An Electric Flying Car Has Been Tested, And It Could Revolutionize Your Commute

If you've been sitting around anxiously waiting for the future to arrive ― like, the future that generations past imagined 2017 to look like ― take heart, because one big prediction for the 21st century might not be as far away as you think. In fact, an announcement by a German company suggests that it's already on the horizon: Lilium has tested an electric flying car, complete with the release of some striking video.

The prototype vehicle is a two-seater and electric, making it more environmentally friendly than some sort of gas-guzzling version would've been. As demonstrated in the footage the company uploaded this week, it takes off by ascending straight up into the air, not unlike a blade-less helicopter.

Once it's airborne, according to The Telegraph, it can fly forward at speeds of up to 186 miles per hour, and is equipped with a battery that will keep it in the air for about an hour. If you're the sort of person who dreams of taking to the skies in an car-aircraft, then this is probably all extremely exciting news, and you'll probably want to check out the video below ― it's certainly an exciting and impressive sight, no doubt about that.

Lilium on YouTube

If you want to quibble over whether this really constitutes a "flying car," that's fair, seeing as it isn't equipped with wheels and strictly operates as an aircraft. That said, the vehicle ― called the Lilium Jet ― is, according to the company, the first all-electric vertical take-off and landing (VTOL) aircraft, and it's clearly selling the dream of commuter air-travel at the individual or group level on a remarkably personal scale. It would, in other words, likely be used exactly as a car would.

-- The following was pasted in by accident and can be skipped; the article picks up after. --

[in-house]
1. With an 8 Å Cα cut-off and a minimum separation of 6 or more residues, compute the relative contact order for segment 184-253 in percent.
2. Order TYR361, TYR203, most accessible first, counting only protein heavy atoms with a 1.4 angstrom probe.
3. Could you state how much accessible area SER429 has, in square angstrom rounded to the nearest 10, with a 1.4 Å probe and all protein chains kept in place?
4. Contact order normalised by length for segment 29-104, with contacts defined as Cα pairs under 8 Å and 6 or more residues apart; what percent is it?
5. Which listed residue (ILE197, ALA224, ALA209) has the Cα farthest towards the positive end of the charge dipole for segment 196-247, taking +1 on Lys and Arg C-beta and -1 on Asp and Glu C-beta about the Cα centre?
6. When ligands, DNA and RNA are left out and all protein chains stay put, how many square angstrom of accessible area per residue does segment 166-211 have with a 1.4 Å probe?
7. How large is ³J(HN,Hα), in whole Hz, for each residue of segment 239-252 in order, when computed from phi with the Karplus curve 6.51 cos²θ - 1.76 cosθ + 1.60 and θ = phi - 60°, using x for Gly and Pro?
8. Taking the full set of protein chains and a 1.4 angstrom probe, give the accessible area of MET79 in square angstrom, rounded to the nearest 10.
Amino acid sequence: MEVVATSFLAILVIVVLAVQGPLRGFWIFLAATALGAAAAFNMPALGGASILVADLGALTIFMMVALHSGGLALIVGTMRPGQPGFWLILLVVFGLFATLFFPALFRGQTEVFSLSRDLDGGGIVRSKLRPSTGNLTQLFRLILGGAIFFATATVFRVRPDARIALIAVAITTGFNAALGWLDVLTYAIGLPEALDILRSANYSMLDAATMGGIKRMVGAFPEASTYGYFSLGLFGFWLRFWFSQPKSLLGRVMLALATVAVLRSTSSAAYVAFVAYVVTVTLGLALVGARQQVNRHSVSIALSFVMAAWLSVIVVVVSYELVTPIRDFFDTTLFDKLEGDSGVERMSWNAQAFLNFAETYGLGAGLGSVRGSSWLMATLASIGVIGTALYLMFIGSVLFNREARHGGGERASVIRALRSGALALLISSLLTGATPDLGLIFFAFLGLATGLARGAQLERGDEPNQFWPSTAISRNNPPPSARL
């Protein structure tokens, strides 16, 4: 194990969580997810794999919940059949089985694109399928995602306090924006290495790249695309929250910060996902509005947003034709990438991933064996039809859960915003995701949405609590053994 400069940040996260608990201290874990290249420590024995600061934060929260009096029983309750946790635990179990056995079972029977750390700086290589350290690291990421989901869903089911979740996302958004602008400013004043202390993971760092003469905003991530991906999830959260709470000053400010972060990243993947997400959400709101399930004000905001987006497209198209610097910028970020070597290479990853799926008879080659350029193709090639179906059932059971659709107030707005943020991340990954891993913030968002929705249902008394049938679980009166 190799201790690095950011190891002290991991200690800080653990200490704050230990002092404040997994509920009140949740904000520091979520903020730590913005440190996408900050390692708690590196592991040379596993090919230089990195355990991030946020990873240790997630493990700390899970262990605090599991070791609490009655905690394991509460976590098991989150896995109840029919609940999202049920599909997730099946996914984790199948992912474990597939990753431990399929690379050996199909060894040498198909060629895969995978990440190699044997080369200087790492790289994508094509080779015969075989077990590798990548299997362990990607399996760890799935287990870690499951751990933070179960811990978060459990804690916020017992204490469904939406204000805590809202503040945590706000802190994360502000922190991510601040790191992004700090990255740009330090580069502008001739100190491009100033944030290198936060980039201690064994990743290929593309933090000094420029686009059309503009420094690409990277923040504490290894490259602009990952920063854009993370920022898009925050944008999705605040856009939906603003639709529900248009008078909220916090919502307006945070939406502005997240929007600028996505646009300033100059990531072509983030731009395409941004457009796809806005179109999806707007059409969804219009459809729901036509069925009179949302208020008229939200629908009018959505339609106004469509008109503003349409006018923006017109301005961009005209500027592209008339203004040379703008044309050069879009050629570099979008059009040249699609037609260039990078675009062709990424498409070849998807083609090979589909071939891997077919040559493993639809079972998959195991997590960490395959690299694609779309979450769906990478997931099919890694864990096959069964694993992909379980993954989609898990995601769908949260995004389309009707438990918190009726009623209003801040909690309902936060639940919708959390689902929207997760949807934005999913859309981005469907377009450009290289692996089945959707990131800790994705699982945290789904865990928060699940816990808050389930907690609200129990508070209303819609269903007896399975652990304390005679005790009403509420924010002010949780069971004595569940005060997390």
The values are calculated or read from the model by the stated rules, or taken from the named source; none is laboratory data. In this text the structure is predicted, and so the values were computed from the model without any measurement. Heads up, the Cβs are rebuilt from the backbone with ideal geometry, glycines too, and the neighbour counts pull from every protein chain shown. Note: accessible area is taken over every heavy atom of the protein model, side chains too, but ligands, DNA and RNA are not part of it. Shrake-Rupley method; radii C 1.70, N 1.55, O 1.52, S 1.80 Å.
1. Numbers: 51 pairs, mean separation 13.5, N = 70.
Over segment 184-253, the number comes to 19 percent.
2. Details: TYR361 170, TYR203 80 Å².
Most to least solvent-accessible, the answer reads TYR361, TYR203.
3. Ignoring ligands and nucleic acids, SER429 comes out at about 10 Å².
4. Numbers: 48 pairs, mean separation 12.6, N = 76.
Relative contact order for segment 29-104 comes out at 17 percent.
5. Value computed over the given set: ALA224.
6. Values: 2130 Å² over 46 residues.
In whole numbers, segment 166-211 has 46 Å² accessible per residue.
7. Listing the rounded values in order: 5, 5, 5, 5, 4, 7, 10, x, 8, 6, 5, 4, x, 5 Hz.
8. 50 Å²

In an interview with Wired Germany, Lilium co-founder and CEO Daniel Weigand said the current prototype is only intended to prove that the technology works, and that the company's ultimate goal is to produce a version that can seat up to five people, rather than the two-seat version used for the test.

Obviously, it remains to be seen whether this technology will end up taking off at the consumer level, but it's almost surely something that companies will increasingly start looking into. According to The Guardian, Tesla, Google, and Uber have all already shown interest in similar technology.

In other words, just as commercial self-driving cars seem almost inevitable at this point, there could be a lot of major changes and adjustments coming for the everyday commuter. In short, this could be the signal of a bold new direction for the commercial transportation industry. Upward, that is.